Re[5]: Ethics of Creativity vs. Theft

Michael Hamende (HamendeM@CTS.DB.ERAU.EDU)
Tue, 6 Aug 1996 15:01:32 EST

Linda brings up some of the very tough issues facing those who are
working on these very real problems given our current definitions of
intellectual property and property to begin with. In the
cyber/virtual world, who really "owns" what? And what can we expect
to get "paid" for.

Clearly under current law, the Chinese are violating a whole bunch of
laws and treaties. But what if, like many companies that are selling
software via the Internet, the CD was designed to "blow up" (not work)
after a certain period if the registration fee wasn't paid? But you
could test it for 30 days for free? I'm currently using a program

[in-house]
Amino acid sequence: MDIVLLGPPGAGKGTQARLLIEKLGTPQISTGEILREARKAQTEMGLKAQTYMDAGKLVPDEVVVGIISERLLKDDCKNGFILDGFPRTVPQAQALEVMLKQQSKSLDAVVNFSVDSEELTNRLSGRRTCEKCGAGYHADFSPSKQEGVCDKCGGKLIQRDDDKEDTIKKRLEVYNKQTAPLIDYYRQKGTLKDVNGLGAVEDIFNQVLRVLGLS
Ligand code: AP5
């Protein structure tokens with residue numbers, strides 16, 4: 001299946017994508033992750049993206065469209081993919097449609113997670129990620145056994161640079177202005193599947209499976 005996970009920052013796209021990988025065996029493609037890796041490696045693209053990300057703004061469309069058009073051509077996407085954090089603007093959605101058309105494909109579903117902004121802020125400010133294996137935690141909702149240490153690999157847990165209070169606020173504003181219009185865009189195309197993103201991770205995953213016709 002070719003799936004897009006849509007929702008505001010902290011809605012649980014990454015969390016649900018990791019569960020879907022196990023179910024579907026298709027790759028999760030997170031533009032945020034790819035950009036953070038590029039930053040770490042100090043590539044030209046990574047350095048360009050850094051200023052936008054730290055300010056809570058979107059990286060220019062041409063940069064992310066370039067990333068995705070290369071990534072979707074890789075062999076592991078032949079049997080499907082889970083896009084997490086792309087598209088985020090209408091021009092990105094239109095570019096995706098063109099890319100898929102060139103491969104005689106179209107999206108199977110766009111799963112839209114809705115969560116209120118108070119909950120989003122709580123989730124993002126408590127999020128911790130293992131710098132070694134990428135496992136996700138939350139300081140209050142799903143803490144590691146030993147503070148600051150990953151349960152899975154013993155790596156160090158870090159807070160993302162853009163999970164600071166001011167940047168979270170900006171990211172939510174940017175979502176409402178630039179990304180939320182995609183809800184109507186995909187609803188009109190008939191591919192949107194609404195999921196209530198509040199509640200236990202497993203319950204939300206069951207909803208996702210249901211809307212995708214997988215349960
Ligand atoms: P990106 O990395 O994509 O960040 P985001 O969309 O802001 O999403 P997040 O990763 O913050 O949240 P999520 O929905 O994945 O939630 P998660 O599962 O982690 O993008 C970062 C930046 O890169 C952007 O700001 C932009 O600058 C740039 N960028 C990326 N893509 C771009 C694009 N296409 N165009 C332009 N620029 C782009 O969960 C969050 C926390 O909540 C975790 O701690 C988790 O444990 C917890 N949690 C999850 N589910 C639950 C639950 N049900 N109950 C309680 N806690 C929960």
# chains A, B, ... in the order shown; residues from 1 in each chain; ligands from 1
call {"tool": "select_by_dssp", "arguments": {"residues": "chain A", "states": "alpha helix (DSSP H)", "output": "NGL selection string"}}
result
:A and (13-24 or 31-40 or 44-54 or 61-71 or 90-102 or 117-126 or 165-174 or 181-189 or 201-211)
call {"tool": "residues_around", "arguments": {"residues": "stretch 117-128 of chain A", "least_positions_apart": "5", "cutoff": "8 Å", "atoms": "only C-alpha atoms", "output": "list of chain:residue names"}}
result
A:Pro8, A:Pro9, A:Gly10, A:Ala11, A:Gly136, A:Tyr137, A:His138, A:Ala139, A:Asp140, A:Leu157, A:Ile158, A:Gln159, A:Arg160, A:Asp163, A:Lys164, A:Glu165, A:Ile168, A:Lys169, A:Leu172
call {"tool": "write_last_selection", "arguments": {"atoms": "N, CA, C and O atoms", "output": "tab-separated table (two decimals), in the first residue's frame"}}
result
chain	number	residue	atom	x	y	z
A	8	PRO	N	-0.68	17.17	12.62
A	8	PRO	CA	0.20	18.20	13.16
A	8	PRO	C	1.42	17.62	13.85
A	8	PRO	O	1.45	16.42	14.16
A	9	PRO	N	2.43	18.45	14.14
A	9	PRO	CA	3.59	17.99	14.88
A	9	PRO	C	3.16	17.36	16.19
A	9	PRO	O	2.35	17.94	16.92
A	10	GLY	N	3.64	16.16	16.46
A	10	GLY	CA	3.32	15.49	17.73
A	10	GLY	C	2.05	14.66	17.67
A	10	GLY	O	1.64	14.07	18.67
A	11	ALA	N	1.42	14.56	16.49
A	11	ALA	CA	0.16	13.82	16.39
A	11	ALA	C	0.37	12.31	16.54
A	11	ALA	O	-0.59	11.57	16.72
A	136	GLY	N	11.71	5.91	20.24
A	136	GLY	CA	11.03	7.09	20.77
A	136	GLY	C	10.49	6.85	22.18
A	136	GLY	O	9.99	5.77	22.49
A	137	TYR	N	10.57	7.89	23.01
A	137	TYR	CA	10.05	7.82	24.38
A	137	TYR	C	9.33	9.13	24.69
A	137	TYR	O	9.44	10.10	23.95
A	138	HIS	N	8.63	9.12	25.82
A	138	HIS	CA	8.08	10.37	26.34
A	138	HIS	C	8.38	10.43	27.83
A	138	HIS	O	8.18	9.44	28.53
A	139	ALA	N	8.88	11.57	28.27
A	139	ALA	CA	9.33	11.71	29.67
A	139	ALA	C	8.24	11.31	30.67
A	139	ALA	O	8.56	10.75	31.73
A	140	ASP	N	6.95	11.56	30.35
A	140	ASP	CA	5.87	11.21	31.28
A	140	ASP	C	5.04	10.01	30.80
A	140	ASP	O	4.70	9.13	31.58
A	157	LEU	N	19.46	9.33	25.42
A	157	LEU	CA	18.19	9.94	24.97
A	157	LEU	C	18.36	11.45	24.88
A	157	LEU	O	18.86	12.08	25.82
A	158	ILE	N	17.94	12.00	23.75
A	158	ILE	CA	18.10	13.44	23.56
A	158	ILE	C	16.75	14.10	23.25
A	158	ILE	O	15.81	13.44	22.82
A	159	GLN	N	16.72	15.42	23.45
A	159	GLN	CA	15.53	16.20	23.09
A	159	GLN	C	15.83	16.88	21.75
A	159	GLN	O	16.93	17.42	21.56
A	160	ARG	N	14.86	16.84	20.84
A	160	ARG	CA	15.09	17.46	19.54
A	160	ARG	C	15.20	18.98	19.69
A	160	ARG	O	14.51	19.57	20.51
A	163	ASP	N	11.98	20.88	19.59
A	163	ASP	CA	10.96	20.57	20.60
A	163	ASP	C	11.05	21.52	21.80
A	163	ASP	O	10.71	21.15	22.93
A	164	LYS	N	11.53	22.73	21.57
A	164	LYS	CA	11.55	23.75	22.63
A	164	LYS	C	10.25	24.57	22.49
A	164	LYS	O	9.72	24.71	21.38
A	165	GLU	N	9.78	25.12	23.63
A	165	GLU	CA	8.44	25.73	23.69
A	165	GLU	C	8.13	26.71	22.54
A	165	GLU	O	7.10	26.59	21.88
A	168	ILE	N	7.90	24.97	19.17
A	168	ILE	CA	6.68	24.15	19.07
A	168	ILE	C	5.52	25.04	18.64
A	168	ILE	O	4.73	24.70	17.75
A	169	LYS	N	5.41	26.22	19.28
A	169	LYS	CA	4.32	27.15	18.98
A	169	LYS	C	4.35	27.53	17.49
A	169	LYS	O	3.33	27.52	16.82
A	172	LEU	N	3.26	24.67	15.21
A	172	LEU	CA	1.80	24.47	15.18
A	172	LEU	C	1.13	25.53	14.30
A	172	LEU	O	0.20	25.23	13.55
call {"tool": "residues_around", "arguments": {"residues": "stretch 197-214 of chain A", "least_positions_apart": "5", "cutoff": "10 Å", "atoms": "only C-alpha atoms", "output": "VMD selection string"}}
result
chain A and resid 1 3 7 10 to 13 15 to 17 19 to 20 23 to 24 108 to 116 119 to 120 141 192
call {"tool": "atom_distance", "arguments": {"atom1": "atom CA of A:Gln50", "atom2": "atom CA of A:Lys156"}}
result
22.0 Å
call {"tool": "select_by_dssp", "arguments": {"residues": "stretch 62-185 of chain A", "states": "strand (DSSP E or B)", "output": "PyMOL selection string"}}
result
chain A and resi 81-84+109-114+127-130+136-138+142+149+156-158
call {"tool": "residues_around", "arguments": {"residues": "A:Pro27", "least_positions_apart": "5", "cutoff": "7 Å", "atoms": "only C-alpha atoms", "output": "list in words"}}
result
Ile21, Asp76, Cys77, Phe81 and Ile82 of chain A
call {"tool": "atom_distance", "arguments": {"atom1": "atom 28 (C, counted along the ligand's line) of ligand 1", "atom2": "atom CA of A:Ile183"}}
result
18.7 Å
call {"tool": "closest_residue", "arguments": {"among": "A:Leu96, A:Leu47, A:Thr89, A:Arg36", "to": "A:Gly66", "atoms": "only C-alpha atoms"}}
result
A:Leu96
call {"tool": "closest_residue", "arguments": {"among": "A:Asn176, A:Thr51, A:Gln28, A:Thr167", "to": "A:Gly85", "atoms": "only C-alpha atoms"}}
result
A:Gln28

like this.

Like the student with the quiz, had the teacher written the rules a
little tighter there would not be a problem. Those who have an
interest in intellectual property have an obligation to figure out
ways to protect it. The technologies/definitions/rules are changing.
We need to be able to change with it. If we can't, then people will
make money off our ideas and we won't.

Maybe we need a system, like Star Trek, where money and basic survival
needs are met for all and we are left to get other kinds of rewards
more valuable than money? Hmmmm.

Mike Hamende